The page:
This will make your standard curve's R2 go from 0.679 to 0.999! The use of a proper internal standard helps to correct the variations in the sample preparation method and leads to a more precise quantification of your molecule of interest. Be it a labeled version of your molecule or a different isotope, it can turn a non-significant change into a highly significant one. Never try to save money by omitting internal standards: it can make or break your experiments!

 7. Use only high quality products

This one may seem pretty obvious, but we'll write it here anyways : you should only use good quality products when doing MS experiments (or any experiments!). Using a cheap product to conduct a highly sophisticated experiment makes no sense. This means that saving a 100$ on a cheaper version of a working product is just not worth it. For example, you should not try to get the absolute cheaper magnetic beads to do an IP-MS experiment in the hopes of identifying the interaction partners of your protein of interest. If you do, you may as well get poor enrichment of your bait and drown its interaction partners in high background protein levels.

As a final note, we are not against you saving money! We only state that if you choose a bad product, you may compromise your MS experiment, which will result in you losing a lot more than you saved with that cheap product.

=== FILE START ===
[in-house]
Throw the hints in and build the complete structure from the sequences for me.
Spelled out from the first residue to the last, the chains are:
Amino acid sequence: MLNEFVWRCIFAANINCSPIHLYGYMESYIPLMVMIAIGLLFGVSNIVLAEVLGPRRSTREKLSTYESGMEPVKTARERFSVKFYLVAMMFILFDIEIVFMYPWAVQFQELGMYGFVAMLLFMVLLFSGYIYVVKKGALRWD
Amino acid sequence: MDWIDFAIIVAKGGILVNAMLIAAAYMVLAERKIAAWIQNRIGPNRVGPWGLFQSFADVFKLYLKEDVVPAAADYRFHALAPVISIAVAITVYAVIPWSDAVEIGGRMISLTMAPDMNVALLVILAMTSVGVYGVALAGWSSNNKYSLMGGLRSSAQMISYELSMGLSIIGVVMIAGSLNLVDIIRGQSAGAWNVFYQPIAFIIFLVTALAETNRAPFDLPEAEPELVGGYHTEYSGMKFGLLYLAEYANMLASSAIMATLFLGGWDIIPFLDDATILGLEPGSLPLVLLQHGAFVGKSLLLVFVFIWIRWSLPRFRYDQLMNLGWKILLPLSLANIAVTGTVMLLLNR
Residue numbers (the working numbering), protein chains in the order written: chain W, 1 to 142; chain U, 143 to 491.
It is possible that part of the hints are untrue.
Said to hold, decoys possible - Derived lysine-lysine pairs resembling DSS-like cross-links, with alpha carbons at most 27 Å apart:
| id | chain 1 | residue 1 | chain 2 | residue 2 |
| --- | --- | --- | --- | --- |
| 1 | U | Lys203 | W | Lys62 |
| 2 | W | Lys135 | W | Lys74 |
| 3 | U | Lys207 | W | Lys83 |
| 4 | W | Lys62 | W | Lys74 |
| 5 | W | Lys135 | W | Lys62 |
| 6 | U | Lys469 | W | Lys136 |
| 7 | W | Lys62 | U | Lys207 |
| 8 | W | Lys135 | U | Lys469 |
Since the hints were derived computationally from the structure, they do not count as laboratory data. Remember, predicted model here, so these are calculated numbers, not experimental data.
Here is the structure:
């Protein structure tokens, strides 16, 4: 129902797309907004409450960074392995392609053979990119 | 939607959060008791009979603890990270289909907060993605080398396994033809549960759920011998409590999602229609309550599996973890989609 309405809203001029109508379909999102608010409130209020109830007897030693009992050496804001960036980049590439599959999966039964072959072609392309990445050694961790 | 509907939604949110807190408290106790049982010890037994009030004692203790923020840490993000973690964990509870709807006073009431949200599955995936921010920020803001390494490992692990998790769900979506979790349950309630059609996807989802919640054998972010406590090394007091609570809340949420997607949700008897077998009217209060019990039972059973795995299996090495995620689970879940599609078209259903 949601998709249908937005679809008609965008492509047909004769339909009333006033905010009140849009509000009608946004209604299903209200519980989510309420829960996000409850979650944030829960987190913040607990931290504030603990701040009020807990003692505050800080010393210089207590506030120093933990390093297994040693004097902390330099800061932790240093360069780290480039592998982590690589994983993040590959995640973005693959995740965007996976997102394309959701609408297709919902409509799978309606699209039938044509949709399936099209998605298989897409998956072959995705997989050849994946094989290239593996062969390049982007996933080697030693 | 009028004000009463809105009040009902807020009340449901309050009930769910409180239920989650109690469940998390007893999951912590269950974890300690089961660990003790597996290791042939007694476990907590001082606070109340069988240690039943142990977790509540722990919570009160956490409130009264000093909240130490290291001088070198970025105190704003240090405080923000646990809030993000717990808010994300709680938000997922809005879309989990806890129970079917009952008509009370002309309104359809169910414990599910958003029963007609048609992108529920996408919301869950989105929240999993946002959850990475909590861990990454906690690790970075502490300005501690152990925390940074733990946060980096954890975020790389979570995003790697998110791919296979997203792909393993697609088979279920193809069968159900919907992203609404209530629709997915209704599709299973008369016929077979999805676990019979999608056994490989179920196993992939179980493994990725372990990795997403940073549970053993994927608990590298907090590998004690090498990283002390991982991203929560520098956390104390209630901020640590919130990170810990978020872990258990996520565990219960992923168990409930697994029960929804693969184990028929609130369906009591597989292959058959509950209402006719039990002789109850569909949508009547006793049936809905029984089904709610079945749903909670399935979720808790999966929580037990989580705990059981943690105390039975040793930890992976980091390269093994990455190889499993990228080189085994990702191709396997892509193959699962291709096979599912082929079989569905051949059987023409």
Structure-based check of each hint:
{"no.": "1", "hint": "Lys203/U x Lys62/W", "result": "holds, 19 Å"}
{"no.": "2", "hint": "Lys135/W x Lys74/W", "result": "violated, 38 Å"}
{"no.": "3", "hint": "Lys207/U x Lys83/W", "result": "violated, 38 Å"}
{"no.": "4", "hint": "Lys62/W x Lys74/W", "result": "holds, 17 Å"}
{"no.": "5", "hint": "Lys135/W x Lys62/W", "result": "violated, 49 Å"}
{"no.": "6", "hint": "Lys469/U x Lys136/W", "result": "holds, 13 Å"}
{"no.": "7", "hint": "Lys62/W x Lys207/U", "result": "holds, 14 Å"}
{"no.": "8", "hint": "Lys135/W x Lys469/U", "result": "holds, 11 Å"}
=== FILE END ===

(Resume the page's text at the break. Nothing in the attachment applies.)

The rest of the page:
Are you using magnetic beads in you lab?  Click here to get a free sample from Resyn Biosciences!

Conclusion

Sample preparation is one of the most important part of a successful MS experiment, along with the instrument and the software. It is a central part of the method development of a MS project and should be treated as such. This article was meant to provide general guidelines on the sample preparation and to raise awareness on some key points when you choose to prepare your samples in your lab. If you have any questions on sample preparation or method development, contact our experts right away!

Topics: Sample preparation, Tips

Written by Jean-François Noël, Ph.D.

Jean-François is an Application Specialist and Lab Director at PSB